Eli Broad, Los Angeles Philanthropist With Art Trove, Dies at 87
(Bloomberg) -- Eli Broad, the billionaire businessman who founded two Fortune 500 companies in different industries before becoming one of America’s most prominent philanthropists and art collectors, has died. He was 87.
Broad died Friday afternoon at the Cedars-Sinai Medical Center in Los Angeles following a long illness, said Suzi Emmerling, a spokeswoman for the Eli and Edythe Broad Foundation.
Kaufman & Broad, now called KB Home, was the first homebuilder to trade on the New York Stock Exchange. Broad later acquired a life insurer that he renamed SunAmerica, turning it into one of the largest U.S. annuity providers. He agreed to sell it to New York-based American International Group Inc. in 1998 for about $18 billion.
By targeting two postwar megatrends -- the need for housing and for retirement planning -- Broad built a fortune of more than $7 billion from the two companies, both based in Los Angeles. Pledging to give away much of his wealth, he donated more than $2 billion to the arts, education and medical research as part of his venture philanthropy: return-based investing in charitable causes.
More than a dozen institutions across the U.S. bear his name or imprint, including the Broad Institute for biomedical research in Cambridge, Massachusetts, and the Eli Broad College of Business at Michigan State University, in East Lansing, Michigan, where he received a bachelor’s degree in 1954.
“Eli Broad sets the standard,” Michael Bloomberg, the founder and majority owner of Bloomberg LP and former mayor of New York City, said in a “60 Minutes” interview in 2011. “I think it’s really being a role model for others. They look at Eli and because of him, they get the ideas, ‘I’m going to be innovative and be philanthropic and do some other things.’ The leverage of Eli Broad is really quite amazing.”
Broad had an art collection that included more than 2,000 works of at least 200 artists, including Jeff Koons, Cindy Sherman and Cy Twombly. He was a co-founder and backer of the Museum of Contemporary Art in Los Angeles. The Broad Art Foundation, also based in Los Angeles, lends art to museums around the world.
The Broad, a $140 million museum in downtown Los Angeles that opened in 2015 houses his contemporary art collection, valued at more than $2 billion.
“My goals were unrealistic, my deadlines couldn’t be met, my ideas were far-fetched, or my approach trampled on conventional wisdom,” Broad wrote in “The Art of Being Unreasonable,” his 2012 autobiography. “I believe being unreasonable has been the key to my success.”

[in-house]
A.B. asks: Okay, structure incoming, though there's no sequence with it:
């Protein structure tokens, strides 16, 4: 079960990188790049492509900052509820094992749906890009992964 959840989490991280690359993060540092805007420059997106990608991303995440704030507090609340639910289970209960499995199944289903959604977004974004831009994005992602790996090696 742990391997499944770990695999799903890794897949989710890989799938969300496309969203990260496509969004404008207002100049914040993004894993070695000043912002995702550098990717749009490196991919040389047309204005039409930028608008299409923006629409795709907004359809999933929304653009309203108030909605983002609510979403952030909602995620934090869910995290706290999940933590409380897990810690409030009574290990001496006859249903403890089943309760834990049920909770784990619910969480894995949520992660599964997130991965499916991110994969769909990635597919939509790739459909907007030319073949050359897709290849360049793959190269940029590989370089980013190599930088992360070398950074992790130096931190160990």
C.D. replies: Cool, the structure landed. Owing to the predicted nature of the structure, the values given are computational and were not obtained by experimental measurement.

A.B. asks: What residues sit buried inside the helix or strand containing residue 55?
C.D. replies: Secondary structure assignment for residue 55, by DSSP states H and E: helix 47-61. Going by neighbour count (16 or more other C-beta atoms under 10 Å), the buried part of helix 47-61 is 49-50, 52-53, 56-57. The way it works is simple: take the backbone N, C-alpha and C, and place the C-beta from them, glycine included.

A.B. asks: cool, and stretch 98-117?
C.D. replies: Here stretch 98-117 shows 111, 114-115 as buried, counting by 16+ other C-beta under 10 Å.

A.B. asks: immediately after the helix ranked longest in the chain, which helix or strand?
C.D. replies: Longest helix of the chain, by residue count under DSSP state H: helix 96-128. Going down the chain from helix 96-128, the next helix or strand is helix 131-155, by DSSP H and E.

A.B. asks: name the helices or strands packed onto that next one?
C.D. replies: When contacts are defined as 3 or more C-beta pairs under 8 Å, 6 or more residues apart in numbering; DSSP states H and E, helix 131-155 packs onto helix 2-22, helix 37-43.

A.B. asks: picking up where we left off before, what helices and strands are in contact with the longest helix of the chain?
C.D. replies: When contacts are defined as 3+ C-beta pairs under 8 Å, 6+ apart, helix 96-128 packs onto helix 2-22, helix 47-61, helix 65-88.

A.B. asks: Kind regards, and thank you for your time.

Born on June 6, 1933, in the Bronx, New York, Broad was the only child of Rita and Leon Broad, Jewish immigrants from Lithuania. He grew up in Detroit where his father ran a five-and-dime store. His mother was a dressmaker.
He became a certified public accountant at age 20 and taught at night school before founding Kaufman & Broad in 1956 with Donald Kaufman, who was married to a cousin of Broad’s wife Edythe.
The pair priced their first homes at $13,740, about 14% less than the competition, by leaving out basements and replacing bricks in the front with wood. Broad called the model “The Award Winner,” though it hadn’t won any awards, and defied skeptics who said he couldn’t make money at that price. He sold 120 in the first year, worth $1.6 million.
“That was a long way from scraping by as a $67.40-a-week accountant,” he wrote in his autobiography.
During the go-go markets of the late 1960s and early ’70s, Kaufman & Broad had a market value of $1 billion, trading at 40 times earnings. The company, which later moved to Los Angeles, is among the top 10 homebuilders in the U.S.
Kaufman & Broad acquired Sun Life Insurance Company of America for $52 million in 1971 as a way to diversify from the boom-and-bust cycles of home building. Although life insurance wasn’t a business he knew, Broad researched the industry, finding that people continued to pay premiums, even in hard times. Broad shifted the company’s emphasis to annuities, or mutual funds with life-insurance wrappers, as he called them.
“Our customers would be the same Baby Boomers who purchased Kaufman and Broad’s houses,” he said. “A big generation of spenders who would live long past retirement.”
His foundations focused on science and education. For 13 years, Broad granted an annual, $1 million prize for improvements in urban school districts. He paused the program in 2015, citing “sluggish academic results.”
Broad’s legacy is visible in his adopted hometown of Los Angeles, where he led the fund raising for the Walt Disney Concert Hall, the Broad Stage performing arts venue and a contemporary-art wing at the Los Angeles County Museum of Art.
“People often think it’s strange how briskly I go through museums,” he said. “Sure, I could stand in front of each piece and stare at it for a good long time. But that’s not me. As much as I would like to stay, I have to move on.”
With Edythe, his wife of more than 60 years, Broad had two sons, Jeffrey and Gary.
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